Maryland started slowly, going 1-3 in its first four games. But you got the feeling that the Terrapins were turning a corner by the sixth game of the season. Hartshorn not only led the team in scoring with 10 goals and 10 assists, but she also (again) led the team in draw controls, with 33.

The regrettable thing is, we’re not going to know whether Hartshorn will overtake Cummings for the all-time lead in draw controls at Maryland, nor whether the Terps can defend their 2019 national championship.

Such is the nature of what the Coronavirus has taken away from the sporting world.

April 15, 2020 — Is the COVID-19 contagion a fatal blow for startup sports leagues?

The cancellation yesterday of the 2020 Women’s Professional Lacrosse League season was just the latest event in what is likely to become the Summer Without Sports.

The WPLL, heading into its third season, was doing so with 20 percent fewer roster spots, owing to the contraction of the league from five teams to four. It was also riding the wave of positive news about the development of the sport, including the announcement of the 6-on-6 “Olympic” rules that have been proposed for Los Angeles 2028.

It was speculated that the WPLL would have been trying out this rules package this summer.

But thanks to the worldwide spread of Coronavirus, which reached 2 million cases today, the league opted not to play this summer.

The epidemic, and the stay-at-home measures that many governments and public health officials have put in place to curb it, have affected well-entrenched sports worldwide, including the suspension of soccer in England, which dates back to 1888, and Major League Baseball, which dates back to 1869.

For athletic competitions without such traditions, however, the virus — and the economic collapse that has followed — is going to have a devastating impact. It’s already sunk the reboot of the XFL, which is now in Chapter 11 liquidation.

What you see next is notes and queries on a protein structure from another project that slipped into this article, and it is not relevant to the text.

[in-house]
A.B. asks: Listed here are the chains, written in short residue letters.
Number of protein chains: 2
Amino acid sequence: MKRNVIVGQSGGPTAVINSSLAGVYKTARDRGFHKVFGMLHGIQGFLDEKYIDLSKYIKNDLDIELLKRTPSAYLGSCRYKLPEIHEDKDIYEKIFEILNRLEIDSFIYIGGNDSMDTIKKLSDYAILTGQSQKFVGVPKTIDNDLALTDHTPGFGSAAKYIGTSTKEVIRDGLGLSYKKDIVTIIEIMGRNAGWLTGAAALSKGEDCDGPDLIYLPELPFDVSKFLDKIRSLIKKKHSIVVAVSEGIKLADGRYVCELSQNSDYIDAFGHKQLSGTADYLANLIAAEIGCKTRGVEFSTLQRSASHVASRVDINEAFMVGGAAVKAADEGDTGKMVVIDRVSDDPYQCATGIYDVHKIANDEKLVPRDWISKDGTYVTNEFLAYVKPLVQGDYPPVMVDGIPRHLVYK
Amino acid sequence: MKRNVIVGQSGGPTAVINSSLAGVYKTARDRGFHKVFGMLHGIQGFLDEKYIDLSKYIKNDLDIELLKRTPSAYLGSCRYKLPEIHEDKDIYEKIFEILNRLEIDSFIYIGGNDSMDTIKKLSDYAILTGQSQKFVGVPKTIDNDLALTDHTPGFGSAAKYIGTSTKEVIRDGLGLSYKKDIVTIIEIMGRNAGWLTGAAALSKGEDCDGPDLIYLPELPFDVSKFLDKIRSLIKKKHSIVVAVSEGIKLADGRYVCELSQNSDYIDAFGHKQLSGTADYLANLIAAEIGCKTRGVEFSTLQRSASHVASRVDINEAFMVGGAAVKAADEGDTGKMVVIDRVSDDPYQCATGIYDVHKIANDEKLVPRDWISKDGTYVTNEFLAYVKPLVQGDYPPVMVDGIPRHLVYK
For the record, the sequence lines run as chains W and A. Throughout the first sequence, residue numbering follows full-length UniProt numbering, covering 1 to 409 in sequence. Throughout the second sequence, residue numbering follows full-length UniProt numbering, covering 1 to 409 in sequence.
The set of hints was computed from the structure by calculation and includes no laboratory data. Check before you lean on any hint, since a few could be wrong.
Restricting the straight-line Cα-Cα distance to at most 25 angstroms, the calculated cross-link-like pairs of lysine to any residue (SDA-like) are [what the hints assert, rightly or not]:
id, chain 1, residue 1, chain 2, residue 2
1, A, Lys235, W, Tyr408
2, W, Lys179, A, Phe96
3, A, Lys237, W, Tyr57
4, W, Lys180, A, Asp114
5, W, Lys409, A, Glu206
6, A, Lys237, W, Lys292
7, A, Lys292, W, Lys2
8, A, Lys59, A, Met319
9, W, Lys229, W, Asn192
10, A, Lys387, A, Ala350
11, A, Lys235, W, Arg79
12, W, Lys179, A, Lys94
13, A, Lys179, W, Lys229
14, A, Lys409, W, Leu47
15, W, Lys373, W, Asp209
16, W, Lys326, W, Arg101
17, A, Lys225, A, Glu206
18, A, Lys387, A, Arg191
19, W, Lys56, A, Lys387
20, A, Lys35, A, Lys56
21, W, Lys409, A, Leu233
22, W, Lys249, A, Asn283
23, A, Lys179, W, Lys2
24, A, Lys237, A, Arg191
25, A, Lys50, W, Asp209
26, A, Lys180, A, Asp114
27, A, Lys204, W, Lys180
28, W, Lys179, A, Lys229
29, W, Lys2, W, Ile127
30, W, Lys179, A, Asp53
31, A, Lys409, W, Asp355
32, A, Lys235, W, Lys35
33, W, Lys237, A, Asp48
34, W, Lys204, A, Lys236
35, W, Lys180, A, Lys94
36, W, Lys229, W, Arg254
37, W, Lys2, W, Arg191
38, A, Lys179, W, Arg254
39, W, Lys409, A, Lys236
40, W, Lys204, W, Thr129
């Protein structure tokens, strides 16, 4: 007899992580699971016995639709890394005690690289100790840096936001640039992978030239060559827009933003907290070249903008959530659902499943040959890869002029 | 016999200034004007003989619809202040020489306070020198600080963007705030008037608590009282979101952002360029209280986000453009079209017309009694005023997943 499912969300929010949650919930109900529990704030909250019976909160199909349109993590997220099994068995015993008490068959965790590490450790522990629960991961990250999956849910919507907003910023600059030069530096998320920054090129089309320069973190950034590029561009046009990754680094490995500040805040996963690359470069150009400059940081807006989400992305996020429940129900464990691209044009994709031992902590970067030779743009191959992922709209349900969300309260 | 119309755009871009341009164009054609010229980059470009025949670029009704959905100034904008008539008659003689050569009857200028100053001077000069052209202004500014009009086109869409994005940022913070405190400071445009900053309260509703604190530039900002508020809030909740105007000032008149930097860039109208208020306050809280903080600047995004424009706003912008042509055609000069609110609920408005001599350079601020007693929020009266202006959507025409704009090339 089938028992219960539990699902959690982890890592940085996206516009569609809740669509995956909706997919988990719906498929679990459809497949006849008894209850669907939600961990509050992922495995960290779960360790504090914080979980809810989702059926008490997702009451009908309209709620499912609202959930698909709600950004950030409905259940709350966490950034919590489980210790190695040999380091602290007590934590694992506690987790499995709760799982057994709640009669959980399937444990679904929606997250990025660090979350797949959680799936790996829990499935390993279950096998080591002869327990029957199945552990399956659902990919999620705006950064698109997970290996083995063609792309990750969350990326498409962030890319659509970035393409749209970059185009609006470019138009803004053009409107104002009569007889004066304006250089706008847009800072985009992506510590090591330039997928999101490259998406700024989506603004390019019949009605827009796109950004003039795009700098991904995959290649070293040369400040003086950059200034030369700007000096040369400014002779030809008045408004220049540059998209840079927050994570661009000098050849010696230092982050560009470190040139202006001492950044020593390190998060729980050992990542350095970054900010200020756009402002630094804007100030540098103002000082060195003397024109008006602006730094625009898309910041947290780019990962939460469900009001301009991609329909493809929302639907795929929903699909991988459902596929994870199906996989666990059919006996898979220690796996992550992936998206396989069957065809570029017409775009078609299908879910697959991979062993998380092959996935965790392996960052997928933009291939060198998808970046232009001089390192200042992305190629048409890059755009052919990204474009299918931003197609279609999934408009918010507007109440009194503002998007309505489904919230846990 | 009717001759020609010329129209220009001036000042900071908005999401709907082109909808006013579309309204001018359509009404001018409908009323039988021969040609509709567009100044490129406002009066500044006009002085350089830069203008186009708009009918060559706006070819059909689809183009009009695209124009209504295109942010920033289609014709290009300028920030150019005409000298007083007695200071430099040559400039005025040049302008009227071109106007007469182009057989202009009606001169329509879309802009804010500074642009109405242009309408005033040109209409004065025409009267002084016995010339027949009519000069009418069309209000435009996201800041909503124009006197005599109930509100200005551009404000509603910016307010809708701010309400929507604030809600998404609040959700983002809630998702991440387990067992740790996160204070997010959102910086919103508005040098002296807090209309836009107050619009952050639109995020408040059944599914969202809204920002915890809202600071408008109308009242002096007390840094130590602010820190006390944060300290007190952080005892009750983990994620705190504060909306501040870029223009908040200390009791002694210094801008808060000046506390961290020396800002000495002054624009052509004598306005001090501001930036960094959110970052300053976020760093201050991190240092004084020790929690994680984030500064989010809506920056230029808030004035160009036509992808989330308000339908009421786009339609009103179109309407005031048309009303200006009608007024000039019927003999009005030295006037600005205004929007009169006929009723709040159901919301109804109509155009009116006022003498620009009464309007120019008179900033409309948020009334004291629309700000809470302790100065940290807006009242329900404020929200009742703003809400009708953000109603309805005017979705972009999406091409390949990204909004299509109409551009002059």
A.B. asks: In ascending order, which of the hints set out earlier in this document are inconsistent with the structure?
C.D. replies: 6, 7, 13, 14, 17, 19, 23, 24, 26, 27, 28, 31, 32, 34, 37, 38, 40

I think it is also going to give the people who run baseball the perfect excuse to go through with its plan to close up to 40 minor-league baseball teams, including teams in the New York-Penn League, Northwest League, Appalachian League, and Pioneer League.

But for newer leagues running on a proverbial shoestring, such as the WPLL and the National Women’s Soccer League, I wonder whether there will be enough sponsorship for the leagues to survive.

April 14, 2020 — Loss of an umpiring great

It’s hard to imagine, but one of the world’s finest women’s lacrosse umpires over the last 30 years never actually played the sport in high school.

Susie Ganzenmuller, instead, was a field hockey player for St. Louis John Burroughs (Mo.), and when she moved east to Connecticut, she started as a field hockey umpire, but took to officiating lacrosse with incredible ease.

Ganzenmuller died late last week after a long illness. Please read this remembrance as published in Lacrosse Magazine.

April 11, 2020 — Lacrosse on the front lines, too

Turns out that it’s not only field hockey people who are fighting the war on the novel Coronavirus.

Read this story from the Philadelphia Inquirer about a number of women who are not only veterans of the Villanova women’s lacrosse team, but who also attended the university’s nursing school.

April 9, 2020 — Another significant domino for scholastic sports this spring

This afternoon, the Pennsylvania Interscholastic Athletic Association did what it had to do when Governor Tom Wolf closed all of the commonwealth’s schools for the rest of the 2019-2020 academic year.

The PIAA not only cancelled the unfinished portion of the winter sports season, but has cancelled the entirety of the spring sports season.

Pennsylvania joins a number of states who have already cancelled their sports seasons, but the Keystone State’s impact, given the fact that it is the nation’s fifth-largest state by population, looms very large not only over its neighbors like New York and Illinois, but also in terms of individual sports.

Even though there are some states which have been making contingencies for shortened seasons (such as New Jersey, Florida, and Ohio), it is plain that, aside from a miracle flattening of the contagion curve worldwide, I can’t see a way for scholastic sports to return this spring.

April 7, 2020 — Once enemies

Later this month, the Home Nations of England, Scotland and Wales were going to meet up with the Czech republic in a series of women’s lacrosse friendlies.

But the COVID-19 worldwide pandemic has not only put the kibosh on almost all professional and amateur sports, but it has sent team members into the fight to save lives.

Eleanor Gaastra, Emma Hawkins and Ros Lloyd Rout are part of the Wales side, and all work for the National Health Services. They would have met up against an England side which includes Dr. Rebecca Jordache.

Read this BBC story on the Welsh teammates, as well as this Telegraph story on Jordache’s ordeal on getting the coronavirus.